• It also ensures the maintenance of norms and standards in the teacher education system.
  • Its headquarters are in New Delhi.
  • This council functions for the central as well as state governments on all matter with regard to the Teacher Education.
[Ref: The Hindu, Indian Express]


Lok Sabha passes Negotiable Instruments (Amendment) Bill, 2017

Lok Sabha has passed Negotiable Instruments (Amendment) Bill, 2017 to reduce the number of cheque dishonour cases pending in courts.


  • The bill amends Negotiable Instruments Act, 1881 to primarily address issues of dishonor of cheques and deal with unnecessary delay in disposal of such cases.
  • The Negotiable Instruments Act, 1881 defines promissory notes, bills of exchange and cheques.
  • It also specifies penalties for bouncing of cheques and other violations with respect to such negotiable instruments.

What is a Negotiable Instrument?

  • It refers to any legal documents like cheques, promissory notes, bill of exchange etc which promises to pay bearer or holder of instrument or person whose name is written on instrument specific amount of money either on demand or after specified time i.e. on some future date.

Key features of Bill:

Interim compensation:

  • The Bill inserts new Section 143 A in parent Act to allow court trying offence related to cheque bouncing to direct drawer (person who writes cheque) to pay interim compensation to complainant.
  • This compensation may be paid under certain circumstances, including where drawer pleads not guilty of accusation.
  • It will not exceed 20% of cheque amount and will be paid by drawer within 60 days of trial court’s order to pay such compensation.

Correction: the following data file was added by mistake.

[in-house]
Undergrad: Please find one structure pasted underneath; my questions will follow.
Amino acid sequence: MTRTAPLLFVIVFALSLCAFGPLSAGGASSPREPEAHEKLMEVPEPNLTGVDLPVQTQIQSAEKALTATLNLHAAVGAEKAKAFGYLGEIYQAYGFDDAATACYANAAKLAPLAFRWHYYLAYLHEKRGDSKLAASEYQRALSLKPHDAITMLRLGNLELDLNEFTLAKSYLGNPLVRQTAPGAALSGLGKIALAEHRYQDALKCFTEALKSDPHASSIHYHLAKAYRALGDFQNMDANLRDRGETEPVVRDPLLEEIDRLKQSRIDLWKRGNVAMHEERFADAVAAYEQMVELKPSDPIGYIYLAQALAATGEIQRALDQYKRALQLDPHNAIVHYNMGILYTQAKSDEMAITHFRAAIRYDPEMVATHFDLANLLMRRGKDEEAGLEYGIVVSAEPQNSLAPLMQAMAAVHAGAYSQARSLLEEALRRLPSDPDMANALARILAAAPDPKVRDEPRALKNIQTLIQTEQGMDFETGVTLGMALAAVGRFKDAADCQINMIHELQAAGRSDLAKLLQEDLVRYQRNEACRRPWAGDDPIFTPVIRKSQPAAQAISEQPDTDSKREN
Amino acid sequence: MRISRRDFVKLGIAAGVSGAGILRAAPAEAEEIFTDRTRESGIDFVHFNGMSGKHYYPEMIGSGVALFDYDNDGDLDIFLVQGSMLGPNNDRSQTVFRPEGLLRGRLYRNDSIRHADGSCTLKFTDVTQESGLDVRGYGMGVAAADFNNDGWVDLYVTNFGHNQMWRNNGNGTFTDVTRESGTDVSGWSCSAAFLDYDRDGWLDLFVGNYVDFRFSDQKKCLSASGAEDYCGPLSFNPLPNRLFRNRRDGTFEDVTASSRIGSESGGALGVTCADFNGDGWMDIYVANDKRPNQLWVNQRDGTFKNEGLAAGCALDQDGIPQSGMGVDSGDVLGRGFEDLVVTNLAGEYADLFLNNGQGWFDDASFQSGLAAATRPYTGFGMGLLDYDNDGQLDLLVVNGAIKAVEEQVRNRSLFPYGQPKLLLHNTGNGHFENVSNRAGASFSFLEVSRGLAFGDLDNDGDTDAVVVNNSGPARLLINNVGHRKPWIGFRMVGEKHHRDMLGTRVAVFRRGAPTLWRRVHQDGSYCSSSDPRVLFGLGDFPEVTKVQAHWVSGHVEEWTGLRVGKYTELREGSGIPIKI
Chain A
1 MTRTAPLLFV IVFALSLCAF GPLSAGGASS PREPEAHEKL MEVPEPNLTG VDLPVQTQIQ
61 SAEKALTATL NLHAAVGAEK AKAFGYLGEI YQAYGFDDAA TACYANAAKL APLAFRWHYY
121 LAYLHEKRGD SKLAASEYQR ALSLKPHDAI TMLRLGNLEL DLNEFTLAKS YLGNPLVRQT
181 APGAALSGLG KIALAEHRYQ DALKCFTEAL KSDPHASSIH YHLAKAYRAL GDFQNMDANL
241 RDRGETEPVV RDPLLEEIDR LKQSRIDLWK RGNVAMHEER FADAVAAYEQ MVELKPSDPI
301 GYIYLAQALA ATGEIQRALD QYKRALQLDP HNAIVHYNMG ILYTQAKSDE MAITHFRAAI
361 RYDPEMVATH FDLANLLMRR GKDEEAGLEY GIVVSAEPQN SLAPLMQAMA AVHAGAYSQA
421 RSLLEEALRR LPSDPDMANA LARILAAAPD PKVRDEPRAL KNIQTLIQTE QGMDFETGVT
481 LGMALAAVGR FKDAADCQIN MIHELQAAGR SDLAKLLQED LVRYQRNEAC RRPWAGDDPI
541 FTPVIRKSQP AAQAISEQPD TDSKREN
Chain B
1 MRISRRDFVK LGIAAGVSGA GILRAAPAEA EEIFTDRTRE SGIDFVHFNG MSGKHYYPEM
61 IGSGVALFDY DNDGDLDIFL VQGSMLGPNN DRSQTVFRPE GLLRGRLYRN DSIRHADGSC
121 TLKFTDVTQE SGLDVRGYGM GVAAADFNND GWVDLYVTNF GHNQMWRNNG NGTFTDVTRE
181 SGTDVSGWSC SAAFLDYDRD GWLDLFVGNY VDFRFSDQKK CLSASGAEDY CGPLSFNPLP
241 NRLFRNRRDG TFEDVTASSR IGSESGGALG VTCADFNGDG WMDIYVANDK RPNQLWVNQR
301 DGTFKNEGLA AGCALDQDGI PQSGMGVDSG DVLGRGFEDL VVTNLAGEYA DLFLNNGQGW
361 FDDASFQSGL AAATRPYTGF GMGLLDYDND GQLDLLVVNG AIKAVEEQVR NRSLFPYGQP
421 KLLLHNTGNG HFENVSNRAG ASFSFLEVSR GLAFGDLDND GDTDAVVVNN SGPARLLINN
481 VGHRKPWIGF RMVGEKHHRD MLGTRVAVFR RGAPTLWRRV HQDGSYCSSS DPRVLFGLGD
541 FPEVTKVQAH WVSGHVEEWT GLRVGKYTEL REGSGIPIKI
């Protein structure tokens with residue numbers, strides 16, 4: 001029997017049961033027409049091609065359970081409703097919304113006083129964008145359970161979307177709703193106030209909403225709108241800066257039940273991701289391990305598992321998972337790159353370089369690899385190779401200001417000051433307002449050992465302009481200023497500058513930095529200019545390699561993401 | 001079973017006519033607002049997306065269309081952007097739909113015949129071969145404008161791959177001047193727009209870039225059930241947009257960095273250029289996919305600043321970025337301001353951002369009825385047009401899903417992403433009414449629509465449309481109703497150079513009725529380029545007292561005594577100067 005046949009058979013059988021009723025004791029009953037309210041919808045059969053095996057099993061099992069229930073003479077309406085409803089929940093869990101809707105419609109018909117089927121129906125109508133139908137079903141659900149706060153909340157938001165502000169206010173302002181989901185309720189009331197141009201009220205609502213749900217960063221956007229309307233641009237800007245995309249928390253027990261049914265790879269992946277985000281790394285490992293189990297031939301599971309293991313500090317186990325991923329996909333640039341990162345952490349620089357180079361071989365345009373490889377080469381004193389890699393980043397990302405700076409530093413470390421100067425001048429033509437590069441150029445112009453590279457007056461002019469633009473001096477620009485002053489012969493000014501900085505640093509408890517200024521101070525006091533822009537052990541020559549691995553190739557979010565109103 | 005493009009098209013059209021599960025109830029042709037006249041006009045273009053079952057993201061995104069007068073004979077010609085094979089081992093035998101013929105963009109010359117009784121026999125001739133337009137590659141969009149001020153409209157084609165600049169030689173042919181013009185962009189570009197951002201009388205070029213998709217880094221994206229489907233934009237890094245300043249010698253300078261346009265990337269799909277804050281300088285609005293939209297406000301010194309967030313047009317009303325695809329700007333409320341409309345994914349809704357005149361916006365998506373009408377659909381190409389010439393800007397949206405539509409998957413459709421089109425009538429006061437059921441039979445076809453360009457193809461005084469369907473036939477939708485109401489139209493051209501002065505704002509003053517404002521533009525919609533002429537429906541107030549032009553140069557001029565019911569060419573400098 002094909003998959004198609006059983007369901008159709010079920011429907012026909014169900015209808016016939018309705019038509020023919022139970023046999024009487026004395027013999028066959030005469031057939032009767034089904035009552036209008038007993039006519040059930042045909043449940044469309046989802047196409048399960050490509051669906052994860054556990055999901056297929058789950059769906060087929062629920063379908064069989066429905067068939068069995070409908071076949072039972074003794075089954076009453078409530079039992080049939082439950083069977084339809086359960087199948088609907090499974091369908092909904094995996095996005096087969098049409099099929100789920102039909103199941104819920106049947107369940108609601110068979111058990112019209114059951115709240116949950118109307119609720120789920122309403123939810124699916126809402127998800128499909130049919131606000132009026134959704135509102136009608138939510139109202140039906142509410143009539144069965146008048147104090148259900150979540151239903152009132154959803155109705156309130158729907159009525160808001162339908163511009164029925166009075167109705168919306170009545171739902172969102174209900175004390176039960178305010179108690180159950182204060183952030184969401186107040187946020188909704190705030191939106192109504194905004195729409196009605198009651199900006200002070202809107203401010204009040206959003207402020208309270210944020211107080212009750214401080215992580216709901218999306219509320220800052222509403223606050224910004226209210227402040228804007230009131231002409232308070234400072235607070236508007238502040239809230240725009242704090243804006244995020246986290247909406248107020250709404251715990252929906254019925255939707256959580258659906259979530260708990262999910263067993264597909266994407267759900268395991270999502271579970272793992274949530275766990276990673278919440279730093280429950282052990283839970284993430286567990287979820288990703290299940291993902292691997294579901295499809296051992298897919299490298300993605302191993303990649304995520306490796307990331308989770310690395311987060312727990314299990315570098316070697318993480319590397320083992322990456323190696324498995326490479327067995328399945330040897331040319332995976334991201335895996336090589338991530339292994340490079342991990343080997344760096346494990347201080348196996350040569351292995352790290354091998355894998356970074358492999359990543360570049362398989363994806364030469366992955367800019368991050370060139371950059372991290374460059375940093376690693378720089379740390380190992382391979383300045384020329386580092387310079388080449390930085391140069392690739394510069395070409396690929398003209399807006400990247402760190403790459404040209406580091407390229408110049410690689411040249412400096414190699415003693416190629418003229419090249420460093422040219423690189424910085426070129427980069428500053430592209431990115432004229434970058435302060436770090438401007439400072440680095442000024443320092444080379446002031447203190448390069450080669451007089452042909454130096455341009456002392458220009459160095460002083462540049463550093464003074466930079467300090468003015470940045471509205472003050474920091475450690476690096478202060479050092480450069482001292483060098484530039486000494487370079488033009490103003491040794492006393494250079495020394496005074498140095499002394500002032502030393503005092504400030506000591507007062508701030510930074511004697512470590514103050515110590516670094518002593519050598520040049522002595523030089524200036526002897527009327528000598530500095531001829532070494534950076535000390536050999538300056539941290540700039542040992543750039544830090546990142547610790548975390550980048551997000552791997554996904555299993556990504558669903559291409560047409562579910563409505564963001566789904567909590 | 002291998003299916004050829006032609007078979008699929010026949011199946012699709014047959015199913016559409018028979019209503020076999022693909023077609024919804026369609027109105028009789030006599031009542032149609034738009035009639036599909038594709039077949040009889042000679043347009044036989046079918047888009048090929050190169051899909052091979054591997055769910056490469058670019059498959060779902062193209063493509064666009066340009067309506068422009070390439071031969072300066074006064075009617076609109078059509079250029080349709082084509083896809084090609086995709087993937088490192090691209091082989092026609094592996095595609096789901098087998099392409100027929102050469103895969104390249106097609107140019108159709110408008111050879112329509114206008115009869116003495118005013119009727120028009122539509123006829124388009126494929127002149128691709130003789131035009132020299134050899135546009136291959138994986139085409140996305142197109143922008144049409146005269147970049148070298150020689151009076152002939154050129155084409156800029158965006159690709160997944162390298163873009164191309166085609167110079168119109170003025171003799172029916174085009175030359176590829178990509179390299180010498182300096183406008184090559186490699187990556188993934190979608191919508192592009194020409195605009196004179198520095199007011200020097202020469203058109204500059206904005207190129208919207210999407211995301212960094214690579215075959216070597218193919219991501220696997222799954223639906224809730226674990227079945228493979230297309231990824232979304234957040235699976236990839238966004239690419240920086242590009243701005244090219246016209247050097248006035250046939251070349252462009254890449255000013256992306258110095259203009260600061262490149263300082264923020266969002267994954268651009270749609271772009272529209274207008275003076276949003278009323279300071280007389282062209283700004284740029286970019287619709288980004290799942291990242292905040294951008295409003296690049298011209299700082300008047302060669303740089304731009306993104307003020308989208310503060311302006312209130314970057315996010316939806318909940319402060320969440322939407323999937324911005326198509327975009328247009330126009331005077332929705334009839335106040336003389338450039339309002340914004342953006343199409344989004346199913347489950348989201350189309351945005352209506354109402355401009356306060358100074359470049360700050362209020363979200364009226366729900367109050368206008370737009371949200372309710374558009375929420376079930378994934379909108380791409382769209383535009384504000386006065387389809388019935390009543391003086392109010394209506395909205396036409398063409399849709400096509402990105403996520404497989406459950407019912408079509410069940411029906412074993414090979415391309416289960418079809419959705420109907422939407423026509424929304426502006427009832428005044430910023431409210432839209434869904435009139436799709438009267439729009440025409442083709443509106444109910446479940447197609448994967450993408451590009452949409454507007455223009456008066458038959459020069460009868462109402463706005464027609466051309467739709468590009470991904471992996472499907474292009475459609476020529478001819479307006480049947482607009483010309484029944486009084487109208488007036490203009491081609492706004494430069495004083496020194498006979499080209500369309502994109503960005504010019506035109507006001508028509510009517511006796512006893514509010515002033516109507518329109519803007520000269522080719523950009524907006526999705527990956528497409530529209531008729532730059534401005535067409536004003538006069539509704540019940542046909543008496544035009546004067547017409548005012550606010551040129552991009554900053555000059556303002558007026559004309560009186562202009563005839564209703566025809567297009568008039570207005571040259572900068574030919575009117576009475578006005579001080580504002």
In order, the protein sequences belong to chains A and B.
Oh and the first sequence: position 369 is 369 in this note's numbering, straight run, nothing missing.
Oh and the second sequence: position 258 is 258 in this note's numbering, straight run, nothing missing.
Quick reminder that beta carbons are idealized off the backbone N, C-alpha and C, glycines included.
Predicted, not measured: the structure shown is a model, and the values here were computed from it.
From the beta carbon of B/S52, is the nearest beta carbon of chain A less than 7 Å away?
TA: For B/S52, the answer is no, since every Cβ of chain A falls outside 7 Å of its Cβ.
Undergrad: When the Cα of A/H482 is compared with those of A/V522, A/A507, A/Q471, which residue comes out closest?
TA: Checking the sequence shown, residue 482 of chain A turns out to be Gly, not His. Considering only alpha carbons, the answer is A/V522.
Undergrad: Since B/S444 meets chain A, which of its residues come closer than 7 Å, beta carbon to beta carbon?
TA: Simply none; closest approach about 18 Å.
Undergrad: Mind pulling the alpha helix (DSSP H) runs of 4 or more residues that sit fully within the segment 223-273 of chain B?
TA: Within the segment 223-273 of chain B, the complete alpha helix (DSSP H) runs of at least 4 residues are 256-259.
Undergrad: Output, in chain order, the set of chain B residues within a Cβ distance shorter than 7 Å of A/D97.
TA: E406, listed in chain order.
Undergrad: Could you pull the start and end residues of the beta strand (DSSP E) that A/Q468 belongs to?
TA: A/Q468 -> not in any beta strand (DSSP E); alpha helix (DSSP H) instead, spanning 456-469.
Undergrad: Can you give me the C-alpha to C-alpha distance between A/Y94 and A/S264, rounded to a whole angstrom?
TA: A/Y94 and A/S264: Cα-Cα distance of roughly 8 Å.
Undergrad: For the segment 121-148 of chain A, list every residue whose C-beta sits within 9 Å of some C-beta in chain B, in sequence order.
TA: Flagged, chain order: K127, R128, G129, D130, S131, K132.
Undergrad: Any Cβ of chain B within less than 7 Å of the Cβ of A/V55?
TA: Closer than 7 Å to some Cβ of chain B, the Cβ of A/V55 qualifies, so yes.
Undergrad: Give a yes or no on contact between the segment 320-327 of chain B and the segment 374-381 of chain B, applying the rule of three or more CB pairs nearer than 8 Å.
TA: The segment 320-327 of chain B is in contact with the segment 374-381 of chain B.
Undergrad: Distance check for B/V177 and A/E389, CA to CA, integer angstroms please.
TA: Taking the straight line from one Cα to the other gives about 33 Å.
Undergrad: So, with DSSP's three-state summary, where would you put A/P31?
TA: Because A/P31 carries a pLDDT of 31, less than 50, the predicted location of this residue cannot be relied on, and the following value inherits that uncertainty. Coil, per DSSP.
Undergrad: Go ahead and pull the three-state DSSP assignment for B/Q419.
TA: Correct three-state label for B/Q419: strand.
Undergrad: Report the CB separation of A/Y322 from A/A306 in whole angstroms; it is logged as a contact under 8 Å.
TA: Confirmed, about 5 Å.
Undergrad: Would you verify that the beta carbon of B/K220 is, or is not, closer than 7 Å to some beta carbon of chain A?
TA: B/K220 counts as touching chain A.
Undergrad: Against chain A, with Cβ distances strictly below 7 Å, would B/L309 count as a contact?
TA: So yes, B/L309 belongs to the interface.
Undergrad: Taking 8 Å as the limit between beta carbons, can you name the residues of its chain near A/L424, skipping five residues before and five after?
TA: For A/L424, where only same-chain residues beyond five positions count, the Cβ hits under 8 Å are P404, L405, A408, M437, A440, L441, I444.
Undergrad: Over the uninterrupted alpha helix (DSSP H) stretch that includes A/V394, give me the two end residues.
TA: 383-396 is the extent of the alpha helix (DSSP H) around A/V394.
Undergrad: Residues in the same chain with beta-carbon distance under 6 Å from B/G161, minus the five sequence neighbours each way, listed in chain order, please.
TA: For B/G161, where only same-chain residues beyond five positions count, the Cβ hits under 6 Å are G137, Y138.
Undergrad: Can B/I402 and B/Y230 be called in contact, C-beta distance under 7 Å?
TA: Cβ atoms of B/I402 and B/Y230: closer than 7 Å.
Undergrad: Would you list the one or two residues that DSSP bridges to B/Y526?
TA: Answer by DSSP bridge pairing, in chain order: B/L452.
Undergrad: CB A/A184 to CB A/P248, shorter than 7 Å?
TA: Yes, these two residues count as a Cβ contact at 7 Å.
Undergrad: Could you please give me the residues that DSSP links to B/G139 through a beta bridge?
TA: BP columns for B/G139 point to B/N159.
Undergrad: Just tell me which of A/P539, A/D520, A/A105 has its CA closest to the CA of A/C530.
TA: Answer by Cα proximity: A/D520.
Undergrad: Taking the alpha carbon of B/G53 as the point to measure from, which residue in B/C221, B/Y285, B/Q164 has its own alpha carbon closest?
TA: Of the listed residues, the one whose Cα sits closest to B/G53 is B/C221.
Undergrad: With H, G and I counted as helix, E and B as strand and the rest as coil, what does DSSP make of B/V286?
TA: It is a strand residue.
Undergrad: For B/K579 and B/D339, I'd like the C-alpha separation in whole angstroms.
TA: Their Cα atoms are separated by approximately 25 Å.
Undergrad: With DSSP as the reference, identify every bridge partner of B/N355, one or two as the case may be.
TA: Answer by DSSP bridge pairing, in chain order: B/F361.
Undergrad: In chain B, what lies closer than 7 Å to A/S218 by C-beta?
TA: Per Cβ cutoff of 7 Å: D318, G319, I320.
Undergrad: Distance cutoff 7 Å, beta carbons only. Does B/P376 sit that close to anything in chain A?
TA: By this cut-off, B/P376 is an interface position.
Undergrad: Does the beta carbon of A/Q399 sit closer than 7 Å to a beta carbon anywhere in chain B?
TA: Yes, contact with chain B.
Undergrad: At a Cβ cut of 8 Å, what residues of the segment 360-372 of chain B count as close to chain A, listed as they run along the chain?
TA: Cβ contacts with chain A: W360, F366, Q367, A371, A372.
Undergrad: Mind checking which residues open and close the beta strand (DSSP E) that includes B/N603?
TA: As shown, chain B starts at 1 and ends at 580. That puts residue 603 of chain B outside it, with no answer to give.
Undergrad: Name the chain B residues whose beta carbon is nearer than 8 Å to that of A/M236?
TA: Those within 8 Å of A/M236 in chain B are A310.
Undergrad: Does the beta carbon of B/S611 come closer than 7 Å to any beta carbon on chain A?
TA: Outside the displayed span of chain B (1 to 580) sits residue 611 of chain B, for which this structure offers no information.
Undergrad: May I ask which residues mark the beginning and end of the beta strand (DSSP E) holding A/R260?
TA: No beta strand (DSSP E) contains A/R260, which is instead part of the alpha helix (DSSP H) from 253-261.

Deposit in case of appeal:

  • The Bill inserts another new Section 148-A in the parent act specifying that if drawer convicted in cheque bouncing case files appeal, appellate court may direct him to deposit minimum of 20% of fine or compensation awarded by trial court during conviction.
  • This amount will be in addition to any interim compensation paid by drawer during earlier trial proceedings.

Returning interim compensation:

  • In case drawer is acquitted during trial or by appellate court, then court will direct complainant to return interim compensation (or deposit in case of an appeal case), along with interest. This amount will be repaid within 60 days of court’s order.
[Ref: The Hindu]


Social Issues 

First-ever tribal atlas of Odisha released

Odisha Government has unveiled first-ever ‘Tribal Atlas of Odisha’.


What is ‘Tribal Atlas of Odisha’?

  • It is a compilation of demographic and cultural information of the tribal population in the state.
  • This book will help provide comprehensive data on tribal population.
  • It is claimed to be first-of-its-kind tribal compilation in the country.
  • The book was published by SC and ST Research and Training Institute in collaboration with Academy of Tribal Language and Culture (ATLC).


  • As per Census 2011, Odisha has the second highest tribal population in the country after Madhya Pradesh.
[Ref: The Hindu]



Govt cuts minimum yearly deposit for Sukanya Samriddhi account to Rs.250

The government has slashed the minimum annual deposit requirement for accounts under the Sukanya Samriddhi Yojana from Rs 1,000 to Rs 250.